Executive Conversations: Using the cloud to develop accessible, interoperable healthcare data for cancer and beyond
Whether advancing evidence-based policy, value-based healthcare, or community wellness, access to longitudinal health data is a force multiplier for progress. Dr. Jay Schnitzer, Chief Technology Officer (CTO) and Chief Medical Officer (CMO) at MITRE, recently sat down with Valerie Delva, Worldwide Head, Data/AI ML Strategy and Solutions at Amazon Web Services (AWS) to discuss the importance and implications of aligning standards for health data.
This Executive Conversation is part of a series of discussions held with leaders who are pushing the frontiers of the healthcare and life sciences industry with cloud technology.
Valerie Delva (VD): Can you share background on MITRE’s mission and your role?
Jay Schnitzer (JS): MITRE’s mission is to solve problems for a safer world. As a nonprofit organization, we partner with government, industry, and academia to address big, complex issues, such as improving our nation’s public health and well-being. Two decades of working with our federal sponsors has provided them with the best science, technology, engineering, and mathematics expertise to solve America’s biggest healthcare challenges, including managing federally funded research and development centers.
I work in a dual role—as both Chief Technology Officer (CTO) and Chief Medical Officer (CMO). As CTO, I oversee our internal, independent research and development efforts. And as CMO, I help drive our programs and projects related to health, healthcare, medicine, or life sciences.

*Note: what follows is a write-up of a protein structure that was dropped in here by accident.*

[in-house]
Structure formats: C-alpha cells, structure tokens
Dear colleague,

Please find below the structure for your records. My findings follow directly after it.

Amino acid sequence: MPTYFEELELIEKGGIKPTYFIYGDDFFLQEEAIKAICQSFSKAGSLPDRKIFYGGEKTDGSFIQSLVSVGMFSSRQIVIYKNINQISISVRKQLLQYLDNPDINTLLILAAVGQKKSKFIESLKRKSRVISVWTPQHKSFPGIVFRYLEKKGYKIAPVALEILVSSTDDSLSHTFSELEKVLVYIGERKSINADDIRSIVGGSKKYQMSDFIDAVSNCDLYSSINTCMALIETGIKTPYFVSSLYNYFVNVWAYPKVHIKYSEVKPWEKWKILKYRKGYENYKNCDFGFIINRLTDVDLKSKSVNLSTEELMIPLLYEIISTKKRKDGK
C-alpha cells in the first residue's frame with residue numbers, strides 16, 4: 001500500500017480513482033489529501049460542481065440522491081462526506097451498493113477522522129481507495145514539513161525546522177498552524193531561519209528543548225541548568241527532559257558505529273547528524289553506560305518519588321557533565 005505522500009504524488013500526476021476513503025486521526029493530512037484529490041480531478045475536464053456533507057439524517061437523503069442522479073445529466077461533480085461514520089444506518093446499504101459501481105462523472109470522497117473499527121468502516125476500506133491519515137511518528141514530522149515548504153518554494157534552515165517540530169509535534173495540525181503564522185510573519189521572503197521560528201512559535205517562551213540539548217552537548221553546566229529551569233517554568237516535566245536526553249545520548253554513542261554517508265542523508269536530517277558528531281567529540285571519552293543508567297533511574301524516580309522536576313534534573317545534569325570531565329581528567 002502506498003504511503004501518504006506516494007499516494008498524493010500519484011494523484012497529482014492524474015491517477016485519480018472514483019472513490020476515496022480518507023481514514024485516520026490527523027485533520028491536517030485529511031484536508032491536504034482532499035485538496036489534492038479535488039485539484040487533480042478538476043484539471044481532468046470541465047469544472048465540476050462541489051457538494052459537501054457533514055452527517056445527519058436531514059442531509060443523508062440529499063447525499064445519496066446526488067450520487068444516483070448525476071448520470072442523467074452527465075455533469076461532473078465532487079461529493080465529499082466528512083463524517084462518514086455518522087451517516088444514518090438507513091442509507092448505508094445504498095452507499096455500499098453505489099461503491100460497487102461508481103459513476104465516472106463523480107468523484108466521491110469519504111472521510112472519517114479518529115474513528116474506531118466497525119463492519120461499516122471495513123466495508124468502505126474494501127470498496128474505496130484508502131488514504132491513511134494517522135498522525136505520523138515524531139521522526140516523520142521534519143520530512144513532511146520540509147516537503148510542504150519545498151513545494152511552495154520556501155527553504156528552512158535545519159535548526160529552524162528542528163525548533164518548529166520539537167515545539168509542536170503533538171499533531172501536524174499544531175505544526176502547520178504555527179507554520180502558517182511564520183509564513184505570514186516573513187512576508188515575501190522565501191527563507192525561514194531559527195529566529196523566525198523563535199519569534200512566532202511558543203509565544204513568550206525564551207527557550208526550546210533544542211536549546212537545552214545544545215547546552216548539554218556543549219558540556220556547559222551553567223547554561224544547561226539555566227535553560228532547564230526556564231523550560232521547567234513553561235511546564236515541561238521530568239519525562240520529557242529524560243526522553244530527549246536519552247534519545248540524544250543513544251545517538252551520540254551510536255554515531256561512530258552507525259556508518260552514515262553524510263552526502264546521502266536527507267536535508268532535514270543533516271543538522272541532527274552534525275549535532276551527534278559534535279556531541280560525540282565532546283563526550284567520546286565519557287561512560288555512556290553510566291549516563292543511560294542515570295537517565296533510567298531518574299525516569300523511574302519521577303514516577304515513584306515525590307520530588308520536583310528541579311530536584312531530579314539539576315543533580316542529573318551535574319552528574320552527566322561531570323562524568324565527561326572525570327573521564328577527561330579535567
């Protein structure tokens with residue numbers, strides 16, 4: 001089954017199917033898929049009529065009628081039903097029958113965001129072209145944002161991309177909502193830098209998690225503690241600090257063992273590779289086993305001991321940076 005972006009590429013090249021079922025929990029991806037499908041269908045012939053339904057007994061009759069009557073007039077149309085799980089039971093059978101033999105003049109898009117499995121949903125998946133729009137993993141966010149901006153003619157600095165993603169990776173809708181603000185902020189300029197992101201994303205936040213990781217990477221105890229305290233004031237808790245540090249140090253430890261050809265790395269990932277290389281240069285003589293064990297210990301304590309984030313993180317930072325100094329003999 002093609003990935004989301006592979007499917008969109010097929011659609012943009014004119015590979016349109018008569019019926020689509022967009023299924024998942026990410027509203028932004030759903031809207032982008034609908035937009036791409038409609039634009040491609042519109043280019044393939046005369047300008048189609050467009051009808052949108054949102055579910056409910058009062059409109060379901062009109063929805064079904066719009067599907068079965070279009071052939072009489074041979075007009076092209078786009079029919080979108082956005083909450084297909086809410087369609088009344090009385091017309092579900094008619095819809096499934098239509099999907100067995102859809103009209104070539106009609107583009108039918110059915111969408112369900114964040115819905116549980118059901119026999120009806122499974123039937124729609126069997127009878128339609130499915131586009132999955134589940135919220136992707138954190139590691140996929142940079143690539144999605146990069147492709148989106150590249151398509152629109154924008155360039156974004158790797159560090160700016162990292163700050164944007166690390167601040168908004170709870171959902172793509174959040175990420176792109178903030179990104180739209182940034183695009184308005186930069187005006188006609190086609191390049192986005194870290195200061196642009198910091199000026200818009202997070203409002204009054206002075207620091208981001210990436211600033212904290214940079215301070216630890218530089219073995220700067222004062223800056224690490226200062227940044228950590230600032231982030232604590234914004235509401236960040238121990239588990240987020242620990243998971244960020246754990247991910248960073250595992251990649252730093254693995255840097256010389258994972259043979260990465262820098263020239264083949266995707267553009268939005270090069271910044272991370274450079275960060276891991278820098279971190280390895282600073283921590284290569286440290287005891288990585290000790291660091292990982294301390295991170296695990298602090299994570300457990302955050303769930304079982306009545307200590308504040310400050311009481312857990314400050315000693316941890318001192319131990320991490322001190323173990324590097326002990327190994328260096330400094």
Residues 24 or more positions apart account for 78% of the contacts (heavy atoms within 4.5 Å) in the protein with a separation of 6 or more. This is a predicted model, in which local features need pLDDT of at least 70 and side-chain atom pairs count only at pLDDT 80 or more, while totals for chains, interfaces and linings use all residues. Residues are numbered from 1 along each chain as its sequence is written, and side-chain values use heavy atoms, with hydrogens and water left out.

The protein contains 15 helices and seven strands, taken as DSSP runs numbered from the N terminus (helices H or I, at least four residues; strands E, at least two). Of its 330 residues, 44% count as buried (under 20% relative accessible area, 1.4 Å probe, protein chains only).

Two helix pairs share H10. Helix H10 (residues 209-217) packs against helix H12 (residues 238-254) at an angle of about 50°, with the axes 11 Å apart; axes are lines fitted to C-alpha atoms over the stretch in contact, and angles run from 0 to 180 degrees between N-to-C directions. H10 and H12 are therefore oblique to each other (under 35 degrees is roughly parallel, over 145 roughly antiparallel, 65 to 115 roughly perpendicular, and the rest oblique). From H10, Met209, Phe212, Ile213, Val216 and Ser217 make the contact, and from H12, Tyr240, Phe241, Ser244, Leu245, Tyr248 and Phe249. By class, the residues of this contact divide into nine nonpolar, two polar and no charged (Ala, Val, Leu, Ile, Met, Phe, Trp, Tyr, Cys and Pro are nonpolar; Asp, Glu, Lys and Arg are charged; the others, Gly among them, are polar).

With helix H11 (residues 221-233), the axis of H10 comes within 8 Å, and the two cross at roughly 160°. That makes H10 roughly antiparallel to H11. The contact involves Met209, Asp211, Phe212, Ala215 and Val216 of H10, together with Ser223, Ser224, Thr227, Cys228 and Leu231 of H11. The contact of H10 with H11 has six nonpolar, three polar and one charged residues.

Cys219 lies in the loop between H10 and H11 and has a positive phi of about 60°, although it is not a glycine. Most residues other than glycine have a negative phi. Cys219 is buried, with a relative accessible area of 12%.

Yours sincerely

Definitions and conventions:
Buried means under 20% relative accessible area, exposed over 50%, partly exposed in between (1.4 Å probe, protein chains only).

VD: You are doing some ground-breaking work unlocking siloed healthcare data. What are your views on the latest government guidelines around data sharing in healthcare? What are potential implications of these changes?
JS: In 2022, an order from the White House’s Office of Science and Technology Policy introduced new data sharing requirements for federally-funded research. Researchers across academic institutions, nonprofits, and federal agencies are mandated to make research publications and their underlying data accessible to the public at no cost, immediately on publication. This new model gives researchers direct and equitable access to the raw data behind scientific publications, maximizing data reusability as well as experimental reproducibility.